Fabiola feels most at home with this side of her family, but she also fails to understand the complicated world in which they live. She wants to stay in the U.S. But she also misses Haiti and her mother, about whom no one else seems to share her concern. She’s living at the crossroads of Joy Road and American Street, and she has reached the crossroads in her life as well. Where does she belong?

Why It’s Worth Reading

Fabiola is a sympathetic character, and it’s so easy to relate to her consistent inner conflict. She wants to connect with her family and make new friends, but she can’t help but feel like she’s on the outside, looking in. As a reader, one’s own circumstances may be different, but everyone certainly knows the feeling of being pulled between two strong forces.

Plus, Fabiola opens up the city of Detroit in an entirely new way. She sees it through the eyes of strangers, navigating places familiar to me, but foreign to her. Her perspective of the city is fascinating. While she recognizes that it has many flaws, she draws direct comparisons to her hometown of Port-au-Prince, Haiti, an area which has also seen some struggles and setbacks. Author Ibi Zoboi, through Fabiola, is able to assess the community very matter-of-factly, without melodramatic judgment or the overwhelming historical perspective (a fall from greatness, or rejuvenation after that fall) that is often represented in books about Detroit.

And I have not even mentioned the incredible writing! The language is poetic. Hints of magical realism in the plot evoke a mystical mood. And tons of beautiful metaphors, most particularly with the street intersection of American and Joy, make it clear that this book is something special.

Book Details:
Title: American Street
Author: Ibi Zoboi
ISBN: 9780062473042
Format: Hardcover
Publisher: Balzer + Bray
Publication Date: February 14, 2017
Awards and Accolades: five starred reviews before release!
Source: Advanced Reader’s Copy (full disclosure: I received a free galley in exchange for my honest opinion)

pic of meBethany Bratney (@nhslibrarylady) is a National Board Certified School Librarian at Novi High School and was the recipient of the 2015 Michigan School Librarian of the Year Award.  She reviews YA materials for School Library Connection magazine and for the LIBRES review group.  She is an active member of the Oakland Schools Library Media Leadership Consortium as well as the Michigan Association of Media in Education.  She received her BA in English from Michigan State University and her Masters of Library & Information Science from Wayne State University.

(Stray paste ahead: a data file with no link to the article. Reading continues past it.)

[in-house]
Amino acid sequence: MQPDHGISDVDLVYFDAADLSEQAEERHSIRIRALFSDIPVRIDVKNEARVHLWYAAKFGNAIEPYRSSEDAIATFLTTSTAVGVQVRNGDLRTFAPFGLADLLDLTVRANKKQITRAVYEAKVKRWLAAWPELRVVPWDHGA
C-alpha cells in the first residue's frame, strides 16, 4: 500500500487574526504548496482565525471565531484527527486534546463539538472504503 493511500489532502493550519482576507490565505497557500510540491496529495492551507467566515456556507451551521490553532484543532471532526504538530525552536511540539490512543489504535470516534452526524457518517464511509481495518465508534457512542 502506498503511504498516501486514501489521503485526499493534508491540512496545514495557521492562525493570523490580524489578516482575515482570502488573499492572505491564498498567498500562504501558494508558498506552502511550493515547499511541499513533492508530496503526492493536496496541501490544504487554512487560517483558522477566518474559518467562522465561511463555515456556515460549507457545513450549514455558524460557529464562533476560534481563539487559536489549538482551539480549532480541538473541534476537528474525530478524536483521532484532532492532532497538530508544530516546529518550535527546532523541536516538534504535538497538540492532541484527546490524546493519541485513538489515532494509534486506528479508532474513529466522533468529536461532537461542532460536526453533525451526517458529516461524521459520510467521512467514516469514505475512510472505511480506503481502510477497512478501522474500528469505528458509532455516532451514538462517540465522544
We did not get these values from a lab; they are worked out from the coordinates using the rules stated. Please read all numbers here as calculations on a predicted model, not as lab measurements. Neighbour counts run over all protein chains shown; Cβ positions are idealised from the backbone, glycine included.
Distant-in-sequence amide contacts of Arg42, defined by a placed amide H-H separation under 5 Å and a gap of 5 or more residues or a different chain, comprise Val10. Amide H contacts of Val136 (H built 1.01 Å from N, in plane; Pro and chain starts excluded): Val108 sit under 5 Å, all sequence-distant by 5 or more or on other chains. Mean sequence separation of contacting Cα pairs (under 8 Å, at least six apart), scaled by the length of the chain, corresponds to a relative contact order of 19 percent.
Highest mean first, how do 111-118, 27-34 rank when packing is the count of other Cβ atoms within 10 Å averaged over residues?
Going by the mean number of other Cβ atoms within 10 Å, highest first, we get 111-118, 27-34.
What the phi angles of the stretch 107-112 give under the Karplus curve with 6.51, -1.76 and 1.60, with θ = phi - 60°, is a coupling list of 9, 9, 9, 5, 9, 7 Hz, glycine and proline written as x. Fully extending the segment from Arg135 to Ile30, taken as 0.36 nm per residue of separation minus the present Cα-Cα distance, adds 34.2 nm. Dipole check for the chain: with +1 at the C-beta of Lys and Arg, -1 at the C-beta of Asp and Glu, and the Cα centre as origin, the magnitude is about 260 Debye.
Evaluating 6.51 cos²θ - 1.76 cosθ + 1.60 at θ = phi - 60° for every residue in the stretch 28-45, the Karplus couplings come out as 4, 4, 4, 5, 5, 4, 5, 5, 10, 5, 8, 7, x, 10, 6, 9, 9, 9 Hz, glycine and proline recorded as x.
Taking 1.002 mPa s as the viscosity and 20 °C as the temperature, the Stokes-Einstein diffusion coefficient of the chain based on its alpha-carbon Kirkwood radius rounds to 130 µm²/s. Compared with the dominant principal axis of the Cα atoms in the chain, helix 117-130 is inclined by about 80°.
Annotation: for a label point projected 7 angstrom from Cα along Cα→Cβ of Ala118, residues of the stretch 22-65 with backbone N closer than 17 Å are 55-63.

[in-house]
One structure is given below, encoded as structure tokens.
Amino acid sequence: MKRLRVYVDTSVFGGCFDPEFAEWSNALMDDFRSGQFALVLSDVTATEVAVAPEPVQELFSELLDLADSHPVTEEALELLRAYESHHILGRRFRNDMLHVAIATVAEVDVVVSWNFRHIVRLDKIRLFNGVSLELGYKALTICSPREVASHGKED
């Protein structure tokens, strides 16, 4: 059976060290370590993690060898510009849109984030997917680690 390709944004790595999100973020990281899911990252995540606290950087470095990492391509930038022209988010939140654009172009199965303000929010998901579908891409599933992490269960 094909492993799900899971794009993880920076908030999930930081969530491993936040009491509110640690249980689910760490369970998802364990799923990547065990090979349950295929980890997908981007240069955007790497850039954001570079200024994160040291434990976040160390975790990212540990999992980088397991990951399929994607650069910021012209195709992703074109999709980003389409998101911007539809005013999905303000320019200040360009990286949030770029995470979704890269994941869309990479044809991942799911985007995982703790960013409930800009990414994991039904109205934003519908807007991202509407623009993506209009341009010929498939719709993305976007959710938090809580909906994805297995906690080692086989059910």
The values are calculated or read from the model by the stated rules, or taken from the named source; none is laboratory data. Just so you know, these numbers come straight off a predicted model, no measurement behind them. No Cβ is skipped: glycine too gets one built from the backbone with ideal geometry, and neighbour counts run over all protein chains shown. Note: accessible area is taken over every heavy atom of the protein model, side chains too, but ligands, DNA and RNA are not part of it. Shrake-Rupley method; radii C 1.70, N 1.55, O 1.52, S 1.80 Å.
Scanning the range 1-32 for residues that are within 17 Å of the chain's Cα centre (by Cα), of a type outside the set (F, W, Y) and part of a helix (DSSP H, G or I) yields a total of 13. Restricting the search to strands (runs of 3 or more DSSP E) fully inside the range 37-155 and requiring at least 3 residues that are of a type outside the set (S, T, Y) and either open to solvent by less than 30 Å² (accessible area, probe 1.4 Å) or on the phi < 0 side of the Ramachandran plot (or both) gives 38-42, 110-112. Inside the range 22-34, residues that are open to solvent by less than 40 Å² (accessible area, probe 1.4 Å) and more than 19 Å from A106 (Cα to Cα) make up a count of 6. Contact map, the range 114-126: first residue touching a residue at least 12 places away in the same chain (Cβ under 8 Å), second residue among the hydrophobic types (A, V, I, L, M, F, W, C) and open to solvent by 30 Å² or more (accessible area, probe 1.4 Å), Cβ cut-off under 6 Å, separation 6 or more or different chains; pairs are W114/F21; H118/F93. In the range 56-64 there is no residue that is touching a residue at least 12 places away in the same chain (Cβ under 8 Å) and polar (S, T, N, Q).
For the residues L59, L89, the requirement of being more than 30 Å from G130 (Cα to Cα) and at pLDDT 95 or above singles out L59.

‘Tis the Season for a Fantasy Adventure

Book Reviews Notes from the Classroom

crowns-gameSomething about winter calls for a good, strong fantasy story. The cold, blustery weather makes me want to curl up and disappear into an epic tale full of adventure and magic. There’s no shortage of such stories available, but if your favorite reader has consumed all of the Harry Potter and Lord of the Rings iterations available, they will be itching for something new and exciting this year.

Look no further than The Crown’s Game, by Evelyn Skye, an alternate history set in enchanting Imperial Russia, with all of the magic, adventure, and romance for which fantasy buffs will clamor. (Bonus: The cover is gorgeous! We know we’re not supposed to judge a book by its cover, but most kids admit that they do anyway.)

The Plot

Vika’s father has been training her to manipulate weather and animals since she was a child. He wants her to become the Imperial Enchantor, the powerful magician who protects the Tsar and helps him defend Russia against enemies. It is the only thing she has ever wanted.

But Vika doesn’t know about Nikolai, the talented orphan adopted by a wealthy family that has helped him hone his abilities to charm machines and conjure fantasies from his dreams. They intend to make him Imperial Enchantor and solidify their place in Russia’s high society.

Neither Vika nor Nikolai know about the other, and neither of them know about the Crown’s Game — the Tsar’s magical battle that will force them to demonstrate their skills. The victor becomes the Imperial Enchantor and part of the Tsar’s Guard. The loser suffers defeat and dies.

Why It’s Worth Reading

We all have times when life gets busy or exhausting. Sometimes we need a break.

Reading this kind of fantasy fiction, set in an exotic location and full of activities that could never take place in real life, is like stepping out of reality for a few moments a day and taking a mental vacation. I’ve never had the privilege of traveling to Russia, but I felt like I was visiting the real locations depicted in the book — the colorful buildings of Nevsky Prospect and the regal Winter Palace in St. Petersburg. The Crown’s Game makes Russia intriguing and exciting, and may even spark some natural inquiry from students about where this book departs from history and becomes fiction.